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General News    H3'ed 6/9/10

Google Adwords, British Petroleum, and the Public Relations Strategy of Buying up Search Terms

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Message Ross McNamara

Working for a search engine optimization (SEO) company this summer, I've had a chance to get pretty well acquainted with Google's Adwords program. I've grown accustomed to checking different search queries to see what different spots Adwords ads are displaying in. However, I am not used to seeing "Adwords" come up as a trending topic on the news sites. It seems BP certainly has a knack for being behind trending topics things these days. Something I am guessing that they would rather not be linked to.

The current hubbub, not to downplay the horrific oil spill at all, seems to mostly revolve around British Petroleum having purchased an ad for the search term "oil spill" on the various major search engines, Google, Yahoo, and Bing. When users search anything using those two terms, the number one position goes to BP an ad telling you to click and find out how they are helping fix the problem (see the screenshot below).

From my perspective, the complaints being raised don't hold much water and that anger could be better focused in other more productive areas. In general, the Google user complaints about what BP is doing, which essentially amounts to a search engine public relations damage control strategy, seems to fall into three main categories.

1. Complaining that a page about how BP is helping should not rank first in the search engines for a search about the oil spill. This one is easy. These people don't understand that sponsored links are" sponsored (paid) ads. To help clarify this, Google has, since Adwords began, included the words "sponsored links" next to their listings that do not occur naturally but rather achieve a particular position based on how much you are willing to pay Google.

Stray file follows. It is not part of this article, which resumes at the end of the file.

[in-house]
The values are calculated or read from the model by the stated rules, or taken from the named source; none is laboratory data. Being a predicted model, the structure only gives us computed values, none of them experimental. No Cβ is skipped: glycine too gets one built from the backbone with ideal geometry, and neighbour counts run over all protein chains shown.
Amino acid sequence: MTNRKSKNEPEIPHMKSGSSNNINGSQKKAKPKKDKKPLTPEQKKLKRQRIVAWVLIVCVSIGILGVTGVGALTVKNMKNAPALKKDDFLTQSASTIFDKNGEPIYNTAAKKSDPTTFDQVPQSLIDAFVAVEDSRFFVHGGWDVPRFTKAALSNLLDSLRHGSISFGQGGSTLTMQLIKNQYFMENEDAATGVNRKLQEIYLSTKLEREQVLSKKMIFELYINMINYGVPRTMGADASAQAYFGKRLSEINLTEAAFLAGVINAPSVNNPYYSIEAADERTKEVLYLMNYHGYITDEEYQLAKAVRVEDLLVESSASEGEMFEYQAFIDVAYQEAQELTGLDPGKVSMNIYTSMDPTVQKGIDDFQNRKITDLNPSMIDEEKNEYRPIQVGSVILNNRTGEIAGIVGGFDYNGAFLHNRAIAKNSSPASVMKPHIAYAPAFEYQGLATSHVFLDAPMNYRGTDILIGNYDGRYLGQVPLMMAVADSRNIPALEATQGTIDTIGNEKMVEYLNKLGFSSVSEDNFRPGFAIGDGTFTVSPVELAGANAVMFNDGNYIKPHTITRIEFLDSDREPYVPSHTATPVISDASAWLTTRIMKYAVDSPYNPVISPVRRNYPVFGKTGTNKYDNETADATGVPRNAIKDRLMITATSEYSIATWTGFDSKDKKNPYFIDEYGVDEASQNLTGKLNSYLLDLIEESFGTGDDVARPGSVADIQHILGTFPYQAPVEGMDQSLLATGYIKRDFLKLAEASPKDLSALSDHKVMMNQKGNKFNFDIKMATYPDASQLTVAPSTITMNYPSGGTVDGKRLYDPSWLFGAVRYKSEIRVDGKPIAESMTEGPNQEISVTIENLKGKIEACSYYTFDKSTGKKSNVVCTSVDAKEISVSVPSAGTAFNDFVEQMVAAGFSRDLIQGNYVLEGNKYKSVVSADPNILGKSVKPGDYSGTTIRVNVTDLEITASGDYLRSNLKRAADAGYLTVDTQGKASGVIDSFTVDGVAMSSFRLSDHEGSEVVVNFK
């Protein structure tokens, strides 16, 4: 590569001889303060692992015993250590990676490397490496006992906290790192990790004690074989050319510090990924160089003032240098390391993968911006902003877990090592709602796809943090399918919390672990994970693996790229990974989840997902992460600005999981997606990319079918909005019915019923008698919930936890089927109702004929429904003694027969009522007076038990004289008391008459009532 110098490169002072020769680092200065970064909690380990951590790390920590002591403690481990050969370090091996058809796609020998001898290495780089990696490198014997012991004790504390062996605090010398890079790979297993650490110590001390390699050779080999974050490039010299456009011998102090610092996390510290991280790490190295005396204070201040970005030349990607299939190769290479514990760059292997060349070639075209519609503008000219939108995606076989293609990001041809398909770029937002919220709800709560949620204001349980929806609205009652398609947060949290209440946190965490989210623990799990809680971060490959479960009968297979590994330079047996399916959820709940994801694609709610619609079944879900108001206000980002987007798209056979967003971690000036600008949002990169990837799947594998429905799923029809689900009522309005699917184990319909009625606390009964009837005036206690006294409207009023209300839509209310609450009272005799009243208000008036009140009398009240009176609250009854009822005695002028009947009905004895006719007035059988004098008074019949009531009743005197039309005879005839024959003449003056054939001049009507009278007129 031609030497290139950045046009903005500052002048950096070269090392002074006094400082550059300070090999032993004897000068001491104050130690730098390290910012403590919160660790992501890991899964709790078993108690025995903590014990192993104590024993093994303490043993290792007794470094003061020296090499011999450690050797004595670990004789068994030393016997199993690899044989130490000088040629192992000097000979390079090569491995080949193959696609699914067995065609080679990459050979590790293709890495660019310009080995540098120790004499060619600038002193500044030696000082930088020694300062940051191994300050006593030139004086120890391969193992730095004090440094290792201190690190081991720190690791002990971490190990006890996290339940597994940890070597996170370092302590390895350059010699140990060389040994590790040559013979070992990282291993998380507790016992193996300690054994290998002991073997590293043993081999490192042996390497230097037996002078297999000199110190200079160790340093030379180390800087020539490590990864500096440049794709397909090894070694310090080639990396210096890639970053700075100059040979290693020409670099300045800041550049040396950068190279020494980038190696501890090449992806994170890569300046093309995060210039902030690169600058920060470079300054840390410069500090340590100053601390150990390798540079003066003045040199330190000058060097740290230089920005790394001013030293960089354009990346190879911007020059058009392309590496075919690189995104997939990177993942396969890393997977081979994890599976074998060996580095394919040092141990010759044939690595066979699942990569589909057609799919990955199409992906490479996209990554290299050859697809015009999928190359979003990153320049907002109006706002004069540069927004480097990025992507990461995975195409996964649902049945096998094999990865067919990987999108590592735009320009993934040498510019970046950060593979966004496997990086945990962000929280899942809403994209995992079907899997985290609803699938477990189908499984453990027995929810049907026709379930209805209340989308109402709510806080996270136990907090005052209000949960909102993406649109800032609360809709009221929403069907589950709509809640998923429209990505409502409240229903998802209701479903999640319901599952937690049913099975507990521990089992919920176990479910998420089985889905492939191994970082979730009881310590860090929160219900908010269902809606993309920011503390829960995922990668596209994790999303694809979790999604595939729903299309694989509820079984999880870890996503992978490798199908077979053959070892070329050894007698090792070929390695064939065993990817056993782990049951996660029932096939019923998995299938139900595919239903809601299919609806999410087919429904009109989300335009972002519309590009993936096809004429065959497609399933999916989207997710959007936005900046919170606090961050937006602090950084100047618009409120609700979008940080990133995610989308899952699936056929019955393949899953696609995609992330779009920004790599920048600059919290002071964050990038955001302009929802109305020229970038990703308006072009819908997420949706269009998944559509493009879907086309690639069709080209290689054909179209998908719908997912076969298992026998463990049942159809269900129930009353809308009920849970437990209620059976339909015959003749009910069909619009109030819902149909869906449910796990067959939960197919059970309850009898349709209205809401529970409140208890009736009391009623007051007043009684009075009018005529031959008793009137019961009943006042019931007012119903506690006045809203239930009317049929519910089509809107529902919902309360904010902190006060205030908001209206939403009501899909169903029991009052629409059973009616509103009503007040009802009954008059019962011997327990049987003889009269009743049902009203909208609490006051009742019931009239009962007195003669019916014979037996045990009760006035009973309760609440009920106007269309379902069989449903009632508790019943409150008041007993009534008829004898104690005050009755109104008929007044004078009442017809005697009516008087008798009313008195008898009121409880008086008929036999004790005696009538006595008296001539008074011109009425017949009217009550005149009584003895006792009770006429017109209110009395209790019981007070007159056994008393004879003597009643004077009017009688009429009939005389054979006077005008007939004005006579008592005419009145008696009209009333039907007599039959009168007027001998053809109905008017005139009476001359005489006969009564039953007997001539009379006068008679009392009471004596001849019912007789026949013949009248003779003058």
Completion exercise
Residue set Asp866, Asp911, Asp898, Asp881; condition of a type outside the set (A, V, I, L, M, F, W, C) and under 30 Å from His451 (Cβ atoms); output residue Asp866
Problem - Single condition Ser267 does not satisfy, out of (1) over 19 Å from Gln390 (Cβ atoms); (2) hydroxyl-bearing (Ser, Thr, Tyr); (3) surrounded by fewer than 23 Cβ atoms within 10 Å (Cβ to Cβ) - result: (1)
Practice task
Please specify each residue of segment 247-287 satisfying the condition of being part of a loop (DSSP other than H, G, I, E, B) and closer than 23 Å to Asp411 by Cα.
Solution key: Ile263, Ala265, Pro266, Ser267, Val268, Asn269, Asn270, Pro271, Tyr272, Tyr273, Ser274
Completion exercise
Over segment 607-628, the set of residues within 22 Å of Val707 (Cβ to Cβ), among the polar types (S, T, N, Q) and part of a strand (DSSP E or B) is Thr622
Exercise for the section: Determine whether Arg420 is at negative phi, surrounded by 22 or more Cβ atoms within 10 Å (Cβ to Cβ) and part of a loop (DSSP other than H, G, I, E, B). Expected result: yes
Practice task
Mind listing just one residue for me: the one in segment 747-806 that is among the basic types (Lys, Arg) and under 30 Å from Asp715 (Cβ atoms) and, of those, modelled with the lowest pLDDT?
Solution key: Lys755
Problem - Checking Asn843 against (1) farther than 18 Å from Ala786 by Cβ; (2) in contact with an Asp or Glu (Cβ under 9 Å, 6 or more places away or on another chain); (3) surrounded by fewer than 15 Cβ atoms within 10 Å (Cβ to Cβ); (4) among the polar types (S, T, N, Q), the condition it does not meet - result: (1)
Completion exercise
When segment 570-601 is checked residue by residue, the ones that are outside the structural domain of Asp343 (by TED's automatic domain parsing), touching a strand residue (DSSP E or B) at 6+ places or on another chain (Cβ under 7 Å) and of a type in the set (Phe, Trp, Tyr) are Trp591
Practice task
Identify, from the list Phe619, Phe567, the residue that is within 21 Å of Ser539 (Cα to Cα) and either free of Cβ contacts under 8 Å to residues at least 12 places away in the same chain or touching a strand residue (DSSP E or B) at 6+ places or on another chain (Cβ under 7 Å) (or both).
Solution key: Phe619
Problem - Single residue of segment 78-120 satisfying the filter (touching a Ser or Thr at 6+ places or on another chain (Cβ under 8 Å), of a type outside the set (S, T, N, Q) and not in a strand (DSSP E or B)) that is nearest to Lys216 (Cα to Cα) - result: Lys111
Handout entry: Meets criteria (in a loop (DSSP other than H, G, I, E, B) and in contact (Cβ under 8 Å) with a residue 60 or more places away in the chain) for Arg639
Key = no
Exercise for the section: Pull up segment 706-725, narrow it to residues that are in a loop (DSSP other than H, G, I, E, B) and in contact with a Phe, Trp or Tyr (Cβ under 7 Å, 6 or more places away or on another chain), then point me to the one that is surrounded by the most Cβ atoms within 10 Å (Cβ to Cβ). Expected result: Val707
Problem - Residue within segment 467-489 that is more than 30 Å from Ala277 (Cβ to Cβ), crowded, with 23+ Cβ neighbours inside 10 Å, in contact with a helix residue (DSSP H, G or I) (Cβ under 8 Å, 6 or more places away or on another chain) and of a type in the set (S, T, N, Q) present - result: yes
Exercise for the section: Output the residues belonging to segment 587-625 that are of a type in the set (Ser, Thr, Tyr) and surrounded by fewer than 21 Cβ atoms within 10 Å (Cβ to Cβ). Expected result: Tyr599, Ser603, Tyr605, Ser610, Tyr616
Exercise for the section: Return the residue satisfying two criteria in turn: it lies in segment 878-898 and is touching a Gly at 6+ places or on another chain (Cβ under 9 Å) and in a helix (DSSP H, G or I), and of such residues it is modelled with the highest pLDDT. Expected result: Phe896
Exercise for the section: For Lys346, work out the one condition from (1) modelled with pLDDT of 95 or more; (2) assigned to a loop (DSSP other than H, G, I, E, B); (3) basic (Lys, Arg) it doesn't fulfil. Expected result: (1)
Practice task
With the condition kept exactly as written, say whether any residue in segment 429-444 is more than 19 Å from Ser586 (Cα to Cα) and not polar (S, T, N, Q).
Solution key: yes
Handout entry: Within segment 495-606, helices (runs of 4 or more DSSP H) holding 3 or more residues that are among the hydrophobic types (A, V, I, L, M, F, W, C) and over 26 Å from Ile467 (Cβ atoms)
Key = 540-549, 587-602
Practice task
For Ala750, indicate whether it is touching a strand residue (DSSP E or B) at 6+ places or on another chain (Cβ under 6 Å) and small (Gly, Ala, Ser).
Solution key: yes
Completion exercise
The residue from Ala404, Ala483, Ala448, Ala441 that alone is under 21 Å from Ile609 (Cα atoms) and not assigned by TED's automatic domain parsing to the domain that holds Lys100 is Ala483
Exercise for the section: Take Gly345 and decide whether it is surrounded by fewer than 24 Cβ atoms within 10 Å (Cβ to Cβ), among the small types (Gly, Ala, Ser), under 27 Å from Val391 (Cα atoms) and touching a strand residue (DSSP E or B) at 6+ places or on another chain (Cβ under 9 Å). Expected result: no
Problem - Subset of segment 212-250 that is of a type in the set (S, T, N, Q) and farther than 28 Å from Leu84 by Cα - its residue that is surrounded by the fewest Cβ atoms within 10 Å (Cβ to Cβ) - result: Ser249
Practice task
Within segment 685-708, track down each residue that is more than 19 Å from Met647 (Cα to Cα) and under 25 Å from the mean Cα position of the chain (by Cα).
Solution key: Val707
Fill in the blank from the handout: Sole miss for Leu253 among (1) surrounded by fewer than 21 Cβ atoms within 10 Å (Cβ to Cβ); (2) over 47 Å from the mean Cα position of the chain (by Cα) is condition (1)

2. Complaining that Google shouldn't allow BP to take over the number one Adwords spot, instead of allowing environmental groups or anti-BP organizations first crack at getting their word out on the search engines. Remember Google vs China? How most agreed Google was right to not allow censoring of thoughts and ideas. Well, they're still right. And in the marketplace system they've created for Adwords, making any exceptions to the bidding rules is a slippery slope. BP is only dominating one out of the at least 10 spots on each page that can be occupied within the Adwords system. This means any other activist group, environmental advocacy group, or even an anti-BP group can just as easily create an Adwords campaign and counter BP's message with their own message. In fact the company that I work for and just about any SEO company would be more than happy to help with this process.

3. Complaining that BP is using their money poorly. Here's one that makes some sense. Rather than buying up Adwords ads, they could instead use their money to solve the problem. I agree for the most part on this complaint. But I suppose to them, not only do they want to fix the oil leak, they also want to have jobs after they fix the oil leak. So a little (or a ton) of PR in their eyes means the money they are (and should be) spending on the oil situation is also minimizing to some extent the massive damage to their brand that has already occurred from this man-made disaster.

The issue here has nothing to do with Google, other than the fact that the ads are appearing through their marketplace. If there's one thing I learned from passing all those Adword Tests for my Minneapolis SEO company , unless an ad violates trademark or copyright law, there is no reason for Google to get involved. A company or individual can spend whatever they want to advertise whatever ideas they want (within obvious Google guidelines), and Google's users can decide which information they want to click on.

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Ross works and eats in Minnesota.
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